(Radioactive Breakfast Cereal
by Vanessa Wells
Leticia Brave blinked owlishly at her eighty-five-year-old grandmother happily munching a big bowl full of bran cereal-2000 miles from where she was supposed to be in Florida.
Wait…that wasn’t the high-fiber soy protein Leticia normally ate…
Her grandmother gave her a happy grin. “Yes dear?”
“I’d ask how you happened to end up on a mountain in Alaska at five a.m., but that’s a conversation that’s best left after coffee. In the meantime…did you bring anymore granola cereal?”
“What do you mean dear? This is yours. I found it on the cabinet.” She crunched another bite. “I must say, it’s delicious.”
Grammy didn’t offer any other comment and Leticia was too tired to remember why that bowl of breakfast was tugging at the back of her mind.
She brushed off the feeling of unease and made a beeline for the coffee pot. Even the smell of that percolating goodness made the blood flow a little toward her brain, and she found herself sipping a rich black cup of coffee and pondering the silver canister that held the remaining cereal…
“We have to call 911, or induce vomiting, or…I don’t know Grammy, but that stuff is untested hamster food grown on the site of a meteor crash…it was still radioactive when we showed up!”
Leticia, who had been literally running around her kitchen island in a circle, stopped long enough to realize her grandmother hadn’t moved. “What’s wrong? Why aren’t you moving?”
Her grandmother poured a cup of coffee and took a measured sip. “Because even if there’s a helicopter available, chances are, if it’s poison it will kill me before we could get to a hospital. Because the chances of a hospital anywhere short of Juno having a treatment for radiation are slim to none…because I’m over eighty years old and I don’t see any reason to get fussed over something as silly as accidentally eating what is essentially a whole grain product.”
“You forgot the part about it being produced on the site of a meteor landing…and the fact that the ground was still showing signs of radiation…and the fact that hamsters that were fed the ‘organic’ hamster food tended to die.”
Grammy just added a little more milk to her coffee. “And why did you have a canister of the food in your kitchen?”
“I work from home Grammy. I was going to send the sample into the lab, and I guess it didn’t get into the box.”
“So it was sitting on your counter to tempt random visitors.”
Her jaw clinched. “I don’t have visitors Grammy. My closest neighbor comes to his house by plane twice a year. How the heck did you get up here for a surprise visit anyway?”
“That nice young man who likes you so much-the pilot who brings your supplies? He dropped me off, neat as you please when he picked up your cargo this morning. You really should make the effort to be awake and have your face on when he visits dear…it’s not like handsome young men drop out of the sky every day.”
“No, he only shows up twice a month.” And she made a special effort to be away or asleep when he came.
She eyed her grandmother with concern. “Are you having any symptoms? Cramping, nausea, dizziness?”
Grammy sighed. “I’m fine.” She cocked her head to the side slightly. “Well if you discount the urge to nibble on copper wire.”
Leticia groaned. “Don’t joke about things like that…besides I think that’s rats, not hamsters…wait…you were joking, right?’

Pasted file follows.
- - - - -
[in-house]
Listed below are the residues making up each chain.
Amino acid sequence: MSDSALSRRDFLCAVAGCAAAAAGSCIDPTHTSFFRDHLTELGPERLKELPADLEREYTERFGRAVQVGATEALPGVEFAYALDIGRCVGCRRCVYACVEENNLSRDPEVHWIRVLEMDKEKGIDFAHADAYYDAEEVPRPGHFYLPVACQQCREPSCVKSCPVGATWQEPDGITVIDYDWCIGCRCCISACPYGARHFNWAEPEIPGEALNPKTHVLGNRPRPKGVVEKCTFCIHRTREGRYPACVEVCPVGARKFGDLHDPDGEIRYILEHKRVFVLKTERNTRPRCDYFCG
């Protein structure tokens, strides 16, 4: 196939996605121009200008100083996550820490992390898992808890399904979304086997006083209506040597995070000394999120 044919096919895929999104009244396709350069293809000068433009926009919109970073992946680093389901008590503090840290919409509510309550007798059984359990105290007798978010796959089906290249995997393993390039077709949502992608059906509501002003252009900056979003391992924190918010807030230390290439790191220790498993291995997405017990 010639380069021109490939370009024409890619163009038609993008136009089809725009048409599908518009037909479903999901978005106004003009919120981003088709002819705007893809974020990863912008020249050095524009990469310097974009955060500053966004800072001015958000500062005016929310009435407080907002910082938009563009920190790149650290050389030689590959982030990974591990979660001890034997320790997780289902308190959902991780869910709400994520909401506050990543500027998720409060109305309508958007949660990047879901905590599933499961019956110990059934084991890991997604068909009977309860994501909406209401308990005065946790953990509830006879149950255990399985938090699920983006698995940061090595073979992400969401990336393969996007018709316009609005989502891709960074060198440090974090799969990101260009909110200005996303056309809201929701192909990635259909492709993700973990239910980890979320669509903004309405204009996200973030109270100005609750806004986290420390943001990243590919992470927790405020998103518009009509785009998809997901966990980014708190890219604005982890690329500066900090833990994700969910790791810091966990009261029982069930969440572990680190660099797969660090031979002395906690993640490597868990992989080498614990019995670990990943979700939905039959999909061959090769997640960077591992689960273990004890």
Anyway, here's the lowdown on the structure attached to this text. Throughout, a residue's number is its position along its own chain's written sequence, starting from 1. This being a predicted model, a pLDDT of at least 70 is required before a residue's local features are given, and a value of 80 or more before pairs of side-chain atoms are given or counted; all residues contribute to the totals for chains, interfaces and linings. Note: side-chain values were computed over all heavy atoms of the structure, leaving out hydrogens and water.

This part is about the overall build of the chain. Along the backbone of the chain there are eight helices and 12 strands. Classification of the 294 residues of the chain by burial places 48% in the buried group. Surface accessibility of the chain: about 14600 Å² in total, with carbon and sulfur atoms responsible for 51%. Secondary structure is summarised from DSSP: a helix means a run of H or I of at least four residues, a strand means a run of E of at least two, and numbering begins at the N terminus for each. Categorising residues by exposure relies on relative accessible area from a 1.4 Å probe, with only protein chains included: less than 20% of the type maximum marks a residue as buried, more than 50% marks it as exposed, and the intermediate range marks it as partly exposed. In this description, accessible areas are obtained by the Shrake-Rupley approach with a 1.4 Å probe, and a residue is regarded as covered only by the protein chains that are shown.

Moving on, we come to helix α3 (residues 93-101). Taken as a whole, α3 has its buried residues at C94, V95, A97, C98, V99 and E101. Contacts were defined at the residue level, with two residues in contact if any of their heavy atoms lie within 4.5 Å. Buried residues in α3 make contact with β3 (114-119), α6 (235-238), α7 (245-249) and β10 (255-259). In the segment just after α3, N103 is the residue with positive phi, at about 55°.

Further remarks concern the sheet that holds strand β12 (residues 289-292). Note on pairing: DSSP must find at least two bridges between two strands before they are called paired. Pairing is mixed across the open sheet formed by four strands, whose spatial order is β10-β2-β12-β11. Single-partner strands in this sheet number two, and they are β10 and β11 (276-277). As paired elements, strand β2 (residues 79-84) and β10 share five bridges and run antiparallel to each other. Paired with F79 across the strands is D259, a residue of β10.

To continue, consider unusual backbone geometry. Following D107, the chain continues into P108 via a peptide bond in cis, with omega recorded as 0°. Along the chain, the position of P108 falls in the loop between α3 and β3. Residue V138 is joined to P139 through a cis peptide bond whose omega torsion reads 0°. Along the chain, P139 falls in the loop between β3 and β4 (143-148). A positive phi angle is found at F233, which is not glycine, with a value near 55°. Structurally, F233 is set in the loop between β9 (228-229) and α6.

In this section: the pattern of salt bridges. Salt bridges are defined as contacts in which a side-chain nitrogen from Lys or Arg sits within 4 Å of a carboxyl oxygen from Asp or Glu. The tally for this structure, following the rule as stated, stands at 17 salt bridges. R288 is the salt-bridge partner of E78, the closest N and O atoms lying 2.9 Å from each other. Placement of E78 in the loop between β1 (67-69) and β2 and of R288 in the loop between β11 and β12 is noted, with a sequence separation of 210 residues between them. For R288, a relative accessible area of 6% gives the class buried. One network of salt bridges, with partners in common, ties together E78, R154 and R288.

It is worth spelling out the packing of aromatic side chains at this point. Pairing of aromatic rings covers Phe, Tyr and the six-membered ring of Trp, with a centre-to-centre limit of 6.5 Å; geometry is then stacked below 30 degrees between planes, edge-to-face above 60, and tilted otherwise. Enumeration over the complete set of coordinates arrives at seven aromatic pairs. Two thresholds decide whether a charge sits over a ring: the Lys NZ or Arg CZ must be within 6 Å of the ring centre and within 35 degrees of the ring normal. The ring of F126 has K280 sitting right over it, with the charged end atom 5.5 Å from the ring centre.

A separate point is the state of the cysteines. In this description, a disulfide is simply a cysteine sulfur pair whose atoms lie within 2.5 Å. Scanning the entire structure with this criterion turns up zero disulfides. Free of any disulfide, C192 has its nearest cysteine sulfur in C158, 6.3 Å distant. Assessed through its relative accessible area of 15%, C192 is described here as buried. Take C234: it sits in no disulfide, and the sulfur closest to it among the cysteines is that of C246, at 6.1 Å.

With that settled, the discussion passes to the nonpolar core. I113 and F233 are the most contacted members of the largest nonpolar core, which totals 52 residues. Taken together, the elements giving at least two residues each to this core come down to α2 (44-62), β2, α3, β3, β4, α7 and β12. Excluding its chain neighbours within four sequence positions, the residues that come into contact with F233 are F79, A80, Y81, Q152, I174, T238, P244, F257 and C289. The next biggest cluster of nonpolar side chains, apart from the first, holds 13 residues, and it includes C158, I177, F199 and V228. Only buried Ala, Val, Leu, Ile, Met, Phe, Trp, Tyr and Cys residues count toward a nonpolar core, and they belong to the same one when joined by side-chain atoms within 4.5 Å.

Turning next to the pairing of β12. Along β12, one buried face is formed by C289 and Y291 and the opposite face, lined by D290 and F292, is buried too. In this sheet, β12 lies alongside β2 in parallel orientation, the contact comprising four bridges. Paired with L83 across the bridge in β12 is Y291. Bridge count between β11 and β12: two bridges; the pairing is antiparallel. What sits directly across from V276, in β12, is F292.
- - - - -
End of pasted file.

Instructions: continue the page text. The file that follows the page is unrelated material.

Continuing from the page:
“Calm down child! Yes of course, I was joking. You need to sit and have a bowl of that disgusting fiber-rich bark that you eat for breakfast.”
“It’s soy protean.”
Grammy sniffed disdainfully. “It looks like something you’d scrape off a log.”
Lexie laughed at the comment and felt her cereal cannister slip from her fingers.
She flinched, waiting on the chrome and glass thing to shatter into a thousand pieces.
No sound. Eventually she opened her eyes.
She looked at the spot where Grammy had been. Then looked into her grandmother’s eyes as the older lady held the cereal.
Leticia took the canister and looked at it, her quick mind analyzing, but not quite believing. “You can’t move that fast Grammy. Nobody can move that fast. Physics are a thing.”
Her grandmother cleared her throat with a delicate cough. “I wasn’t moving fast You were just slow.”
A rarely seen look of confusion crossed the much-beloved face. “It did seem that it was.”
Leticia took a deep breath. “Alright, let’s see if other things are moving slow too…”
She threw the chrome and glass canister at the wall as hard as she could.
And before she could blink, Grammy was there, slightly out of breath, a bit startled to be there…but she was holding the canister.
“Not that I generally approve of wasting food dear, but tossing this stuff would add a little joy to your life….”
“Do it again.”
“What?” Her grandmother smiled. “This?” And suddenly she was standing beside Leticia again.
She couldn’t keep the awe out of her voice as she said “You are Super Grammy.”
“I was always super, dear. Having super powers just means I’ll be able to knit faster.”
Leticia laughed in a slightly hysterical way. “You hate knitting.”
“I know, but I bet I would like it better now if it didn’t take up so much gosh-darned time.”
Storytime Quarterly Blog Hop
January, April, July, and October
Be sure and check out the other fun stories below. Leave us a comment we love hearing from you!
1. Trail Of Carnage by Jemma Weir
2. A Phoenix In Hell by Sabrina Rosen
3. Friends Of The Deep by G. Craddock
4. Collateral Damage by Nic Steven
5. A Ghost’s Life by Barbara Lund
6. A Startling Revelation by Bill Bush
7. A Hiding Place by Gina Fabio
8. A Family Reunion by Katharina Gerlach
9. Better Off Alone by V. S. Stark
10. A Day In The Life by James Husum
11. Nothing To Show by Elizabeth McCleary
12. Super Grammy (Radioactive Breakfast Cereal)
by Vanessa Wells <–You Are Here!
13. Bone Killer by Juneta Key
14. One More Time by Karen Lynn